Archaeologists make new discoveries at San Casciano dei Bagni in Tuscany

Written by Silvia Marchetti, CNN

The village of San Casciano dei Bagni, in the lush Sienese countryside of Tuscany, is widely regarded as one of Italy’s premier spa destinations, a place where open-air spa enthusiasts and thermal pilgrims come to float in the natural sparkling waters for over two thousand years. .

The modern facilities of San Casciano are just a few meters from an ancient site which is currently undergoing an excavation effort. These baths are a network of sacred pools built by the pre-Italic Etruscan people as early as the 4th century BC, and later made more lavish by the ancient Romans, at a time when health and faith were deeply linked.

San Casciano is a geothermal pole with forty hot springs, six connected to the thermal sanctuary. The Etruscans chose this place to use the therapeutic power of the chemical properties of water – it is rich in minerals such as calcium and magnesium, as well as chloride and sulphates.

Archaeologists at the site uncovered a treasure trove of artifacts and relics last week, shedding light on the intimate connection that Italy’s past civilizations had with the ‘water religion’, or the healing and divine origins of hot spring water.

A votive offering in the form of a matrix to the gods, cast in bronze. Credit: Emanuele Mariotti/SABAP-SI

Rare objects said to have been used as votive offerings to the gods – including so-called fertility statuettes in the shape of phallus, womb and pair of breasts – have been dug out of the mud at the site. So have 3,000 old coins, 700 of which are freshly minted – and still shiny. In the 2nd century AD, Roman Emperor Marcus Aurelius Carus had the coins thrown into the baths to honor the gods watching over his health, as well as that of all Romans traveling to San Casciano for thermal treatment.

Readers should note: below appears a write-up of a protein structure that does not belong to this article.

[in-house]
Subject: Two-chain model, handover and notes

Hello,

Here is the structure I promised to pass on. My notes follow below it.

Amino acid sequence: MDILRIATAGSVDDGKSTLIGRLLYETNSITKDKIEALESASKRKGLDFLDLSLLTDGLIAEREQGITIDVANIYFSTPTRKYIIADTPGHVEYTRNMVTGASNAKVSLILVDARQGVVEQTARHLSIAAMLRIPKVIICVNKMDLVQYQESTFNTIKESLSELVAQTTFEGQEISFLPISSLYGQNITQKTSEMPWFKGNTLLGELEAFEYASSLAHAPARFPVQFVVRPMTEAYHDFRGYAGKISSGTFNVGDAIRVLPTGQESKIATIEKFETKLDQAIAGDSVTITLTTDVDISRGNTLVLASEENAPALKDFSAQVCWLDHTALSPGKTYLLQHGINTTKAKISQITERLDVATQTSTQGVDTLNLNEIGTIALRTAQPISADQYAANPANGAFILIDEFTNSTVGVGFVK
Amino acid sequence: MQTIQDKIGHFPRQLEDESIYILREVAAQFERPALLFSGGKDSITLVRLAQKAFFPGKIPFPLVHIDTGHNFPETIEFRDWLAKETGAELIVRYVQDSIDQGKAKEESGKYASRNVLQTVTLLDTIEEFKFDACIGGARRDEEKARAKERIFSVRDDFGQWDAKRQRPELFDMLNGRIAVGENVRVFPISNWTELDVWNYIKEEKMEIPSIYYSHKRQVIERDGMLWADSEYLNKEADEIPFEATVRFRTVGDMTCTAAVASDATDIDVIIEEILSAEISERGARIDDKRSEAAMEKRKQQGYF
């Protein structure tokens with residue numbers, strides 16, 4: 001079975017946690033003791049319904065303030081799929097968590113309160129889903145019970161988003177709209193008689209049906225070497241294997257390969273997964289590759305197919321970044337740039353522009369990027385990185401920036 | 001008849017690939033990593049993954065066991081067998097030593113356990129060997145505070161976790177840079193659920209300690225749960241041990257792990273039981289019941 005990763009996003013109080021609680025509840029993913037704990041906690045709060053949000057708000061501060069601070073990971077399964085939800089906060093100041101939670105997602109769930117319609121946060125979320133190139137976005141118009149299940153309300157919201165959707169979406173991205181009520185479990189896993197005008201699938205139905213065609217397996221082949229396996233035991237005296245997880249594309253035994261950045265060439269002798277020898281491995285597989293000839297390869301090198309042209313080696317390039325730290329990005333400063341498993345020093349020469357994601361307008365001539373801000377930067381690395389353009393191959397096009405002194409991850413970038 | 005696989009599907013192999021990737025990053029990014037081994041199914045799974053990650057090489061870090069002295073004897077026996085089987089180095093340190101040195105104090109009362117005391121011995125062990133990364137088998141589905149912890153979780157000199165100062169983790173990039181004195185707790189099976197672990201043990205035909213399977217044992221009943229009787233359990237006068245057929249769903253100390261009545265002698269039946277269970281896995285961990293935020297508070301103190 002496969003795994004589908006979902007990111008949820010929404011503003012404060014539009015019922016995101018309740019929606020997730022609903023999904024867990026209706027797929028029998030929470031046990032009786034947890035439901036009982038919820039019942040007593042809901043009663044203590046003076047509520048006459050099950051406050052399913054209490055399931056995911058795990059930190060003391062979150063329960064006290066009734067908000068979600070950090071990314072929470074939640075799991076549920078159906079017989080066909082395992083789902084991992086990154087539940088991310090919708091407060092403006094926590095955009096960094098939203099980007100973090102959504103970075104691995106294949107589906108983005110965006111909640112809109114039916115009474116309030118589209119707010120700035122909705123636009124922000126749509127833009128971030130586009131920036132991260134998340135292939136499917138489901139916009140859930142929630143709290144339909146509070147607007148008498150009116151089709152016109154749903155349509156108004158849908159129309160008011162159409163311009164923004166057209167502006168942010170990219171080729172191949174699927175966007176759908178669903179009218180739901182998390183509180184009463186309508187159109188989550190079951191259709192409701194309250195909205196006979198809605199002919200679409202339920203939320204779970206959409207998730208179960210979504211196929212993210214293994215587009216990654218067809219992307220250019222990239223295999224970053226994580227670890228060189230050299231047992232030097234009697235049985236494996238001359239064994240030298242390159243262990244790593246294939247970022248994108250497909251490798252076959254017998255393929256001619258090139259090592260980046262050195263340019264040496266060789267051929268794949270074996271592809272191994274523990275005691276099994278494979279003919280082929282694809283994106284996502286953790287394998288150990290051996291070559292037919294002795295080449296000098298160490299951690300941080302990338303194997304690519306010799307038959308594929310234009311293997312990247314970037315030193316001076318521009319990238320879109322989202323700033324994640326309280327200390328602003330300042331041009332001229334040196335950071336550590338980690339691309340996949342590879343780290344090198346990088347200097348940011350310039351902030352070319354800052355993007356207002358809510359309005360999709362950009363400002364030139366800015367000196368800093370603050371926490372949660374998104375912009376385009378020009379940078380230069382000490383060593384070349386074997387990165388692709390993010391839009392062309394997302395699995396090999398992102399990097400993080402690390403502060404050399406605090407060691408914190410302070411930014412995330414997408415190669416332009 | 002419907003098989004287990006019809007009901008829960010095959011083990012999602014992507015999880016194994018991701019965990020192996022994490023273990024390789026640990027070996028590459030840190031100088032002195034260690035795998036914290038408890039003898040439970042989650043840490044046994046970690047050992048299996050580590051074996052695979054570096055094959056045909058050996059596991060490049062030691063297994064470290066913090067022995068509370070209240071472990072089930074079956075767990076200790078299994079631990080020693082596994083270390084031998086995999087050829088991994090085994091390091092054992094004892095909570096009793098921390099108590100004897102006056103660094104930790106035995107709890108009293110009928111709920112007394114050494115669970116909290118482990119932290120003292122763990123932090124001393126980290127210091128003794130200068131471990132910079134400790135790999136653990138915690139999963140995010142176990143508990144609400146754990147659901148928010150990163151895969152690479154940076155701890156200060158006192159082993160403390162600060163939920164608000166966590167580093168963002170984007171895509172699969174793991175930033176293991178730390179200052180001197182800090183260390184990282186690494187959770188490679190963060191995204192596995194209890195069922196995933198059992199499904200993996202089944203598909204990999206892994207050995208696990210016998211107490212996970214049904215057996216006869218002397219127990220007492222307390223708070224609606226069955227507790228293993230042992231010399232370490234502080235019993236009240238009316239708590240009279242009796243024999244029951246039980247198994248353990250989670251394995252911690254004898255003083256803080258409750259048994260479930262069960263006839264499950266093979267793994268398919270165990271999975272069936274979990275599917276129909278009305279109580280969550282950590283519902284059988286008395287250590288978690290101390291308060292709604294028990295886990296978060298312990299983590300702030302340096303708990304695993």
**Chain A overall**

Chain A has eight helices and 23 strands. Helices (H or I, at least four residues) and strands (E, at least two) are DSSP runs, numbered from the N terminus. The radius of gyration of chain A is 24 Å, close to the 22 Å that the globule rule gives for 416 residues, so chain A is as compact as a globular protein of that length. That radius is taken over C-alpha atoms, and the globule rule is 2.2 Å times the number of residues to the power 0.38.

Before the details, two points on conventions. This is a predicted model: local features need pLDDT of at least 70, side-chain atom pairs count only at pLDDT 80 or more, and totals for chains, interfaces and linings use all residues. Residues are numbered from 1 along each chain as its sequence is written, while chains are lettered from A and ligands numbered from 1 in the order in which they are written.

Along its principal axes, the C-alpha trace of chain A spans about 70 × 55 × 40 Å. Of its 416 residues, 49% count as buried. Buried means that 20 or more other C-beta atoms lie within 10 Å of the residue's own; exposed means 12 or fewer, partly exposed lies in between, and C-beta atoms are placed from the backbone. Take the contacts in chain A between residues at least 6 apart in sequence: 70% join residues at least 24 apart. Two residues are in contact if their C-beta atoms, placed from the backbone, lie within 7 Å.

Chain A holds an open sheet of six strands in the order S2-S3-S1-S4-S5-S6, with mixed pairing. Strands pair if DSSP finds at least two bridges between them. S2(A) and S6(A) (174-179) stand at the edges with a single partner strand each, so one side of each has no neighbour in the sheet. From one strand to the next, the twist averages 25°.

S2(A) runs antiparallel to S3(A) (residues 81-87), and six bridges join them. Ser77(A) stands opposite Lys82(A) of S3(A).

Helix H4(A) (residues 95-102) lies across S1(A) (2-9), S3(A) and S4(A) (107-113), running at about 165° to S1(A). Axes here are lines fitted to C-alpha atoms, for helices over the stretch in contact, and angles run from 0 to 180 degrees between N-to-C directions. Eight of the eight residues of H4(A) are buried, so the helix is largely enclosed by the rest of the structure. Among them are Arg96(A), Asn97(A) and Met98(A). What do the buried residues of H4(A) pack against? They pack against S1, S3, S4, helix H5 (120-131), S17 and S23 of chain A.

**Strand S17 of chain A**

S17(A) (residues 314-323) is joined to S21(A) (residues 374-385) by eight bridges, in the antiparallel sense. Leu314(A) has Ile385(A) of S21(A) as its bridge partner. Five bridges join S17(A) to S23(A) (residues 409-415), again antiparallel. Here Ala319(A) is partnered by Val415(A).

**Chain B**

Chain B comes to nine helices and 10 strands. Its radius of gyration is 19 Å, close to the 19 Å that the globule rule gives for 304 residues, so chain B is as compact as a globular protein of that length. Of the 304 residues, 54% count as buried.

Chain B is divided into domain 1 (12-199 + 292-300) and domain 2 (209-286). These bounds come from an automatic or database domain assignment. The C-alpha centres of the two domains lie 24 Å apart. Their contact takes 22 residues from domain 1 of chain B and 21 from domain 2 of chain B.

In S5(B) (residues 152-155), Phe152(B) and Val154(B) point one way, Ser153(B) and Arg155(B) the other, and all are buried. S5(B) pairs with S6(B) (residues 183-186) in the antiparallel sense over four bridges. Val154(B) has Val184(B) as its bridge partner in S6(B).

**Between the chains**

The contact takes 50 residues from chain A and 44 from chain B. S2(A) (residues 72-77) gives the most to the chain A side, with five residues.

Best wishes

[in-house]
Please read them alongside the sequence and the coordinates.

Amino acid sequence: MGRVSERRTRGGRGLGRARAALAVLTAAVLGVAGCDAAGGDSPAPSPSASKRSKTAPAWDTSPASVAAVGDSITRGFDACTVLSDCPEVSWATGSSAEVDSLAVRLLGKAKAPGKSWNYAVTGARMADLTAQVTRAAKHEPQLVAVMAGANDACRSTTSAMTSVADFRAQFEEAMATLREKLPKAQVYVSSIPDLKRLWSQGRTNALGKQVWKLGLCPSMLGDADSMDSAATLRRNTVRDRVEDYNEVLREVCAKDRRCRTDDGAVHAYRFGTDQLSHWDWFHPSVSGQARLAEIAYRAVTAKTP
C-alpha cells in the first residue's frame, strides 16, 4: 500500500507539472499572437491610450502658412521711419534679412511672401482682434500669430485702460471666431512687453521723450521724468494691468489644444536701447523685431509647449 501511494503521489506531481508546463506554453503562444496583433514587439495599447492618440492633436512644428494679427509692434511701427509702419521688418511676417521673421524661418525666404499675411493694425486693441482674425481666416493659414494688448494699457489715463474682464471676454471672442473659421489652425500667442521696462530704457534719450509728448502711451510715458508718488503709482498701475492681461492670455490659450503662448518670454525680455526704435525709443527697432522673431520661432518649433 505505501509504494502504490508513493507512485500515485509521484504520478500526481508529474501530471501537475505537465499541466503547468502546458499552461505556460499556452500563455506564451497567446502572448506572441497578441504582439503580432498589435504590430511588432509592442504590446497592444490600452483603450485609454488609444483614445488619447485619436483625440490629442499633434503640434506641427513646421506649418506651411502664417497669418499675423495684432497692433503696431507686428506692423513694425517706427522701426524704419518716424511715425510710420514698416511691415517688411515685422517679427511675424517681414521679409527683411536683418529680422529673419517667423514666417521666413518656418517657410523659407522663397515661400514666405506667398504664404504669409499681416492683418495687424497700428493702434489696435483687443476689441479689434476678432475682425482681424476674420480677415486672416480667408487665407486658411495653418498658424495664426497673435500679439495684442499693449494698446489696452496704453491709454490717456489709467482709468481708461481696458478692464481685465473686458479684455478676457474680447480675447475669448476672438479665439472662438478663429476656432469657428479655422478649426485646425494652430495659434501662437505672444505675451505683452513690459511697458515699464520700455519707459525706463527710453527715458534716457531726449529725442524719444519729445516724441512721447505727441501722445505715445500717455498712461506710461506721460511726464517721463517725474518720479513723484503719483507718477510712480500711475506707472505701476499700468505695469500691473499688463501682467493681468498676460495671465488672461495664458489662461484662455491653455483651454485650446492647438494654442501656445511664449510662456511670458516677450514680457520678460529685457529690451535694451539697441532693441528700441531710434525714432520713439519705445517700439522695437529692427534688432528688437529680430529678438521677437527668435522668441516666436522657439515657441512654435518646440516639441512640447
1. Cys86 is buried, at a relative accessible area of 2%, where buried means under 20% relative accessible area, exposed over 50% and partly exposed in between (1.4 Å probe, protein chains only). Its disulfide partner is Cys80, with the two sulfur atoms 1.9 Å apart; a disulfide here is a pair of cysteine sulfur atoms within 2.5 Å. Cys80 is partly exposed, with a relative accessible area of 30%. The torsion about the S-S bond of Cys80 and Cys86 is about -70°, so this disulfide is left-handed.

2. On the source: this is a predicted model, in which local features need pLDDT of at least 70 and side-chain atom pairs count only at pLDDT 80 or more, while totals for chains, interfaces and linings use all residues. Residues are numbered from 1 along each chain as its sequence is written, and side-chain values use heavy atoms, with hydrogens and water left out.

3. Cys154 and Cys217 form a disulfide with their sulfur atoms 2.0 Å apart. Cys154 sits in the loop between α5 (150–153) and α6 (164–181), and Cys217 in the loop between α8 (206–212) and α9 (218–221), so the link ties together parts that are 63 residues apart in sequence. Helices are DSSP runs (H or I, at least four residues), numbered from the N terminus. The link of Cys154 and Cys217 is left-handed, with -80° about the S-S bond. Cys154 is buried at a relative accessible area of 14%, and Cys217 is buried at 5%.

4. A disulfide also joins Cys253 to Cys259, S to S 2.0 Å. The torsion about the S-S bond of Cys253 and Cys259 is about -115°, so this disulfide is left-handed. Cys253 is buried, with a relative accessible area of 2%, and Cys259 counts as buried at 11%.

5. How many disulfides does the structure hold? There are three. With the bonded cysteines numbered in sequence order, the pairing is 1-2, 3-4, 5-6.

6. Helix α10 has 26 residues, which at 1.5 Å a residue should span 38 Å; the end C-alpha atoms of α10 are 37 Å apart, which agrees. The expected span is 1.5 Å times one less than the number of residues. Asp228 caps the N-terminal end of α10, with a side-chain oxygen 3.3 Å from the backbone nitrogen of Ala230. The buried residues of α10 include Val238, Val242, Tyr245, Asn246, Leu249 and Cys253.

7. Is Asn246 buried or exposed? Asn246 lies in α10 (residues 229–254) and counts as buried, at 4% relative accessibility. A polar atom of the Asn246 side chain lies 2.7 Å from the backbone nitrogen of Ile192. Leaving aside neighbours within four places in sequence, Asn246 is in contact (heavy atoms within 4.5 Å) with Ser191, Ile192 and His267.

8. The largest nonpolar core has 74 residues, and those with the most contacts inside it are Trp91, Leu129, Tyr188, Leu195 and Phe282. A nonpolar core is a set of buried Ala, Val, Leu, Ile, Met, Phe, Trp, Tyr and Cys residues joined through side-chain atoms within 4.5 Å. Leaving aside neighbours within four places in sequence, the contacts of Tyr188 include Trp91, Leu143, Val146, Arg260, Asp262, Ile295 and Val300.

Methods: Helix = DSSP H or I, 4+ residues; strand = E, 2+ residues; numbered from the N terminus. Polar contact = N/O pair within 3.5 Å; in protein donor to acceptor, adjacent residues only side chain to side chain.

“What makes this site unique throughout the Mediterranean is the exceptional state of conservation, and the [evidence] it explains how hot water medical practices were considered curative under divine protection,” said archaeologist Jacopo Tabolli, scientific director of the excavation project and professor of Etruscan studies at the University for Foreigners of Siena. “The quantity and quality of the objects recovered are also astonishing. – we knew there was something there but we didn’t expect such a surprise.

Residents of San Casciano have long referred to the site as a “sacred mountain”, Tabolli said, also citing a doctor’s report from around the 16th century mentioning the presence of ancient buildings and a fountain. A geophysical study conducted by Tabolli’s team in 2019 revealed the presence of structures on the springs; the following year, ancient columns were discovered sticking out of a bush, and excavation work began (although it was later halted during the pandemic).

The ancient baths of San Casciano functioned as a hospital clinic, with visitors seeking respite from respiratory problems or bone pain. For many, a float in the waters reduced their pain, so after their bath they threw offerings to the gods in the bubbling pools giving thanks for being healed. These included tree branches, fragrant pine cones, and fruit such as peaches – which have been recovered in well-preserved states thanks to the layers of mud covering from the site.